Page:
Inside: Controlling the Sun's Center
T he coliseum-sized National Ignition Facility (Livermore, Calif.) uses an astounding array of controls and software technologies. This cutaway diagram illustrates the fusion project's size and complexity. (For more information about the project see CE , Nov. '99, p. 51 , or go to www.llnl.gov .)
It shows two laser bays, switchyards (for turning 192 laser beams with motorized mirrors to evenly illuminate the fusion fuel capsule), and target chamber (right center). The class 100 optics assembly building (upper right) and target diagnostics building (lower left) both attach to the main building.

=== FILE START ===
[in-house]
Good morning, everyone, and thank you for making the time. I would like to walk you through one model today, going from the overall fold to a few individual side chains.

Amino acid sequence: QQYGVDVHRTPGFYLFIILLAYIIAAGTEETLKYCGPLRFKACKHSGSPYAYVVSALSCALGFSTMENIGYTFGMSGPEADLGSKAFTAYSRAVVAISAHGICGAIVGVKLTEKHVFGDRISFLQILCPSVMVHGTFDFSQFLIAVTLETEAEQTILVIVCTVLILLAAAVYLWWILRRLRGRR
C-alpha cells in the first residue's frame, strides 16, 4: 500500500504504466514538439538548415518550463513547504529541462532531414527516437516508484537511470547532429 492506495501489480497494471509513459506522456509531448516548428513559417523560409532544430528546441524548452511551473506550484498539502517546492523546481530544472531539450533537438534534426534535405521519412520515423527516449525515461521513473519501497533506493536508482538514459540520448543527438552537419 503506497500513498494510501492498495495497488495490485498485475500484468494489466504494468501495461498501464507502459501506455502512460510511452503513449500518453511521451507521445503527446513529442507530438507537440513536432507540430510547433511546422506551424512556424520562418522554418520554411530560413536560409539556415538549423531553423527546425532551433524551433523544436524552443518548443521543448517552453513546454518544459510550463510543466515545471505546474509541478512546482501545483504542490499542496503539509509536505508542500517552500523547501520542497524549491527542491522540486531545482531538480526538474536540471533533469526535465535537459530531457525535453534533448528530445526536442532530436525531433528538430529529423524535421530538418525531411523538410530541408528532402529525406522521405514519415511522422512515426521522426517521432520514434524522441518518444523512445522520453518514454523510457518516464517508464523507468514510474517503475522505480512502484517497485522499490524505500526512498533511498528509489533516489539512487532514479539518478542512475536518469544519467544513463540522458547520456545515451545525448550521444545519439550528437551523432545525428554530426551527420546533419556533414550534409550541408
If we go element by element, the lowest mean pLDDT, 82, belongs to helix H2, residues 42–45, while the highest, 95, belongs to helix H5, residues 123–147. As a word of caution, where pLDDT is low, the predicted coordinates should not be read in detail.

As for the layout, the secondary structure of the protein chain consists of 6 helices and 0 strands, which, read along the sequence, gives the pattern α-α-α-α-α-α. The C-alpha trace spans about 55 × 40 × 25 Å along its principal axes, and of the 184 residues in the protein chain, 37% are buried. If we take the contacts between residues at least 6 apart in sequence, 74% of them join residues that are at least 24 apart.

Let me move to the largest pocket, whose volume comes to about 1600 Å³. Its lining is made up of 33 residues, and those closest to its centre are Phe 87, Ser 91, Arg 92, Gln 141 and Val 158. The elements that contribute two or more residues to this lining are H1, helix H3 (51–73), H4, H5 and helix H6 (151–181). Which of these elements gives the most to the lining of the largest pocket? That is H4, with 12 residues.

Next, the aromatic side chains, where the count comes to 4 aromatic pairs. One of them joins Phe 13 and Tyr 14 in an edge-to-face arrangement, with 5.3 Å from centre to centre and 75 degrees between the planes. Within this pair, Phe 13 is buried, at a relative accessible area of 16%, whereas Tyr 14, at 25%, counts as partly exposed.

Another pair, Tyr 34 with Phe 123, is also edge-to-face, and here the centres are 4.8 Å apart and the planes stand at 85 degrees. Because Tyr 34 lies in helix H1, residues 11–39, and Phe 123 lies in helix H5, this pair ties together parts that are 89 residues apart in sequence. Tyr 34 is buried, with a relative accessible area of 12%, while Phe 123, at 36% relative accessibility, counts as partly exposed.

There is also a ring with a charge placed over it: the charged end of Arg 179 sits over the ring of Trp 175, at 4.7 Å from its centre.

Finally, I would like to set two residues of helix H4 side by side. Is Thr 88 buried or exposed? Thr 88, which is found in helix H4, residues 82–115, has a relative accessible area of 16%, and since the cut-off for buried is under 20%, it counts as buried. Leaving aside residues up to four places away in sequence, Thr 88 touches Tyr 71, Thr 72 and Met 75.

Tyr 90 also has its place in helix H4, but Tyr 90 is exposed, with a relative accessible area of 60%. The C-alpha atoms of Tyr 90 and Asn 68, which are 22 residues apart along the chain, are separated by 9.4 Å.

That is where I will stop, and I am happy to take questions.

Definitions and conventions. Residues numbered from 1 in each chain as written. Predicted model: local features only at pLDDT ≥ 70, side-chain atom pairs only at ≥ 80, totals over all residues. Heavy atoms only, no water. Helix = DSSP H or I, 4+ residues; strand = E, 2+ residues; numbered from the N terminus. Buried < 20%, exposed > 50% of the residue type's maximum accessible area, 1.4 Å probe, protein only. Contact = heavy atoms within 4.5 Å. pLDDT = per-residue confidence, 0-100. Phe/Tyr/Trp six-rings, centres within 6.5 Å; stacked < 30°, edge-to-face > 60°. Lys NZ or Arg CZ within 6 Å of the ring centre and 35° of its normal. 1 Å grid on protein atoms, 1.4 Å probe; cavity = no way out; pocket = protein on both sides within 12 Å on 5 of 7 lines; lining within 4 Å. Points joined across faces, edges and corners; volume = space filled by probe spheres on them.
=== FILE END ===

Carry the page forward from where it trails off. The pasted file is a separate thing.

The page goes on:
Automated guided vehicles will transport ultra-clean precision optical modules from the assembly stations to be inserted into the laser. At the target and switchyard areas, the building is seven stories high and three stories deep.
This diagram and photos in the related article were used with permission from University of California, Lawrence Livermore National Laboratory, and the U.S. Department of Energy. Their attorneys say neither LLNL nor the U.S. Government makes any warranty, express or implied, or assumes any legal liability or responsibility for the accuracy, completeness, or usefulness of any information, product, or process disclosed in this article.
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